Norway will stand firm, says PM Jens Stoltenberg
Norwegian Prime Minister Jens Stoltenberg has said his country will "not be intimidated or threatened" by Friday's bomb and gun attacks.
He said the violence had been designed to spread panic, but Norwegians would "stand firm in defending our values".
Later Mr Stoltenberg announced he was setting up a "22 July Commission" to investigate the attacks.
Anders Behring Breivik, a far-right extremist, admits carrying out the attacks which left at least 76 dead.
The bomb in the capital Oslo targeted buildings connected to Norway's Labour government, while the mass shooting occurred at an annual Labour Party youth camp on a small island, Utoeya.
Mr Breivik has said he had wanted to inflict maximum damage on the party, which he accuses of failing the country on immigration, according to his lawyer.
A search is continuing for victims, with two police vessels combing the waters of the lake around Utoeya. Local police said "a number of personal belongings" had been found at the bottom of the lake.
Speaking at a news conference at his residence, Mr Stoltenberg said the new commission, which would be independent and had been agreed with all Norway's political parties, would analyse everything that had happened on Friday.
"We need to learn any lessons from this," he said.
Earlier Mr Stoltenberg said the attacks were directed at Norway's "fundamental values" - democracy and openness - and that the response would be "more democracy, more openness". He said he expected people to participate more broadly in politics.
He added it was too early to consider new security laws.
"Now is the time for comfort for those who have lost family members [and] friends, and to help those who are still wounded," he said.
"Then afterwards, and especially after the investigation is finished, there will be a time for going through all the experiences, learning from what happened and then draw the conclusions regarding, for instance, security measures."
But the prime minister said the time would come when it was necessary to move on.
"We have to, at some stage, move back to some kind of normality, and also to convey the message of sadness with a message of something positive - and that is that we have seen a very united Norwegian people."
Speaking English throughout the news conference, Mr Stoltenberg expressed thanks for the deep solidarity "from all corners of the world".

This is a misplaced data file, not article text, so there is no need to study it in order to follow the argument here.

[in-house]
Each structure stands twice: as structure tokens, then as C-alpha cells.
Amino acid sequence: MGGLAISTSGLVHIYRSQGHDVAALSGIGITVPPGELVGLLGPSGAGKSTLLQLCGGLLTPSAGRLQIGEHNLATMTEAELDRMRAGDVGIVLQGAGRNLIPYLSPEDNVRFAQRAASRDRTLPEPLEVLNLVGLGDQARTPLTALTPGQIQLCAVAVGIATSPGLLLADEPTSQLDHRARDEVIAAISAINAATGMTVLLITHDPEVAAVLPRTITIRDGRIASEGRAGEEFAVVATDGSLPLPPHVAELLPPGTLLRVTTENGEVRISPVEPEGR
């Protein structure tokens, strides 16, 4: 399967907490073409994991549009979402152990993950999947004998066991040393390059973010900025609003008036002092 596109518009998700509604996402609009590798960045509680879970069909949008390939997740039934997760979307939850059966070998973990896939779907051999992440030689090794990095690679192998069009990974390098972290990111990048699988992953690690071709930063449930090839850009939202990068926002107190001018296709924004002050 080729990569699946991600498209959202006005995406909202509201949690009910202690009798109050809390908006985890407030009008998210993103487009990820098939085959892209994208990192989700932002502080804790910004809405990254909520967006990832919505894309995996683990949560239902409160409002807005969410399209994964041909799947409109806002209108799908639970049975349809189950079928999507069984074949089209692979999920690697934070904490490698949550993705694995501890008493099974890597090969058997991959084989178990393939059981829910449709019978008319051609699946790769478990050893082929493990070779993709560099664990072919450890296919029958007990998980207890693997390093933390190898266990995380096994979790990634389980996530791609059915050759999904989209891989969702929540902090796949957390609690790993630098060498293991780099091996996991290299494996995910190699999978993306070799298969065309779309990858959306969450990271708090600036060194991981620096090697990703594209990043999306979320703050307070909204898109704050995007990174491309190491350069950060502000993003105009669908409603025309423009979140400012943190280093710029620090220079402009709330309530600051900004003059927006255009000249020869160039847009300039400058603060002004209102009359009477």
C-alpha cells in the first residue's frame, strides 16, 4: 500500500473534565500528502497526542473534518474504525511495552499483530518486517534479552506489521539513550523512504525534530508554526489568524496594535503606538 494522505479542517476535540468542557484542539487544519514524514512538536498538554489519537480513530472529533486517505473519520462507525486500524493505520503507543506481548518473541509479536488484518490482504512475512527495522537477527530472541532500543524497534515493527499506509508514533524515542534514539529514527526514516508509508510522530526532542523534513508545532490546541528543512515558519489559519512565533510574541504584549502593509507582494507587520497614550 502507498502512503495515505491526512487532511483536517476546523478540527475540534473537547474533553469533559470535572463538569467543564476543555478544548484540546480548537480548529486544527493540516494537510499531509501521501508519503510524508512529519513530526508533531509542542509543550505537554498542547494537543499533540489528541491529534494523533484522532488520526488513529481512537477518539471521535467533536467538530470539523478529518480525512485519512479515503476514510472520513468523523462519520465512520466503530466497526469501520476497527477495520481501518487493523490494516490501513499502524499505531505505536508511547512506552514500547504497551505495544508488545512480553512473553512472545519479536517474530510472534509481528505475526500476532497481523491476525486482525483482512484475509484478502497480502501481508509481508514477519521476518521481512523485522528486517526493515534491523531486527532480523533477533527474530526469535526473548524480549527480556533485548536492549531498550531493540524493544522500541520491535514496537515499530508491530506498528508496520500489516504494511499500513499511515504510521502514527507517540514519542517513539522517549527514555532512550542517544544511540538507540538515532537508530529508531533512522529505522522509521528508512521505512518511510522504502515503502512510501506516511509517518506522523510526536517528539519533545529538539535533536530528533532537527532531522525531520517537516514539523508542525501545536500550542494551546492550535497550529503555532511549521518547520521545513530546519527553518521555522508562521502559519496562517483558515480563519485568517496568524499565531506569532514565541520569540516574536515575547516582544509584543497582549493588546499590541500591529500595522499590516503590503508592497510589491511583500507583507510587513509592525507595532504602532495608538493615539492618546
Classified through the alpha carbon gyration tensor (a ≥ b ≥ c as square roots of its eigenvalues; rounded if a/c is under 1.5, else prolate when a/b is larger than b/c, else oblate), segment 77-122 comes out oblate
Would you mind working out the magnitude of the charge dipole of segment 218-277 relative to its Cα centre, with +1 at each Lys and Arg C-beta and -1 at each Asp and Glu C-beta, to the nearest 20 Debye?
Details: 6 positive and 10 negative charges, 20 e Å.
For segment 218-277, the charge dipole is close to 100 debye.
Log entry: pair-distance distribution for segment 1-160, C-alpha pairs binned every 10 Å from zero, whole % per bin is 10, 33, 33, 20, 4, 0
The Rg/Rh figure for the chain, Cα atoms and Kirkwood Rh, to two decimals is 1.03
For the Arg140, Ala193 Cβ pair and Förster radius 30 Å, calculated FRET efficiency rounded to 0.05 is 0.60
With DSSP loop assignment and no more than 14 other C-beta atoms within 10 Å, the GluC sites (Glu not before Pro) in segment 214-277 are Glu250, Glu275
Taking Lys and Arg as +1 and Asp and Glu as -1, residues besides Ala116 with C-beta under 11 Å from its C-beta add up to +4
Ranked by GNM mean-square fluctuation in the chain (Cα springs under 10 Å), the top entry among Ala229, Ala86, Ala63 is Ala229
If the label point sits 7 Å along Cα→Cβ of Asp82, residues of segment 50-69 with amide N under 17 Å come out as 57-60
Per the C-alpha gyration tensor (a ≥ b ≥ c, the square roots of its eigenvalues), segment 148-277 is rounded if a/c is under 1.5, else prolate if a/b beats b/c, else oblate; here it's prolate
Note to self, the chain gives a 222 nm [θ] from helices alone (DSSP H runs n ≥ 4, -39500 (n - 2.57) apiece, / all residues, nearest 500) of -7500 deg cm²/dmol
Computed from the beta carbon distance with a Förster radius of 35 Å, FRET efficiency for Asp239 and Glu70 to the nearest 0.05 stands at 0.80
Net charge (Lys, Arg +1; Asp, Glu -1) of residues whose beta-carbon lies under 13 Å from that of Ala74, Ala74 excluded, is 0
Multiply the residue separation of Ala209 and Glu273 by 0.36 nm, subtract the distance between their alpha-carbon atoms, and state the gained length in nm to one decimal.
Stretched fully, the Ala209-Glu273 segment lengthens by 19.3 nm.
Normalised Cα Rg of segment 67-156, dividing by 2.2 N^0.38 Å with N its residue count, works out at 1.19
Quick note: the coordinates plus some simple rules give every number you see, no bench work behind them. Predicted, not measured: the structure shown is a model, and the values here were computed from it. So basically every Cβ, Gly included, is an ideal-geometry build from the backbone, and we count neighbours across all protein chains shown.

Meanwhile the leader of the police squad who apprehended Mr Breivik on the island said it was a "completely normal arrest", and suggested the gunman had surrendered readily.
Haarvard Gaasbakk said that police had yelled to the gunman to surrender and, in limited visibility, he suddenly appeared before them with his hands in the air and his weapon 15m away on the ground.
Victims being named
The authorities have said they believe Mr Breivik acted alone.
Norwegian domestic intelligence chief Janne Kristiansen said no evidence had so far been found linking Anders Behring Breivik with far-right extremists in Norway or elsewhere.
"We don't have indications that he has been part of a broader movement or that he has been in connection with other cells or that there are other cells," she told the BBC.
But she added that the possible existence of accomplices was still being investigated. "We can't take any chance with this person," she said.
Friday's massacre prompted up to a quarter of a million people to take to the streets of Oslo on Monday to commemorate the victims.
The names and addresses of the first four confirmed victims were published on Tuesday on the Norwegian police website.
Police chief Sveinung Sponheim said names would continue to be released at 1800 local time (1600 GMT) each day until all the victims had been identified and all relatives informed.
Meanwhile AFP news agency quoted a police union spokesman as saying 20m Norwegian kroner (2.6m euros; £2.3m) would be released to create 100 new police jobs in areas affected by the attacks.
Mr Breivik is facing terrorism charges and police are considering also charging him with crimes against humanity, which carry a possible 30-year sentence, a prosecutor has said.
He appeared in court on Monday to face charges of destabilising vital functions of society, including government, and causing serious fear in the population.
He accepted responsibility for the attacks but denied the terrorism charges, and was remanded in custody for eight weeks, the first four in full isolation and on suicide watch.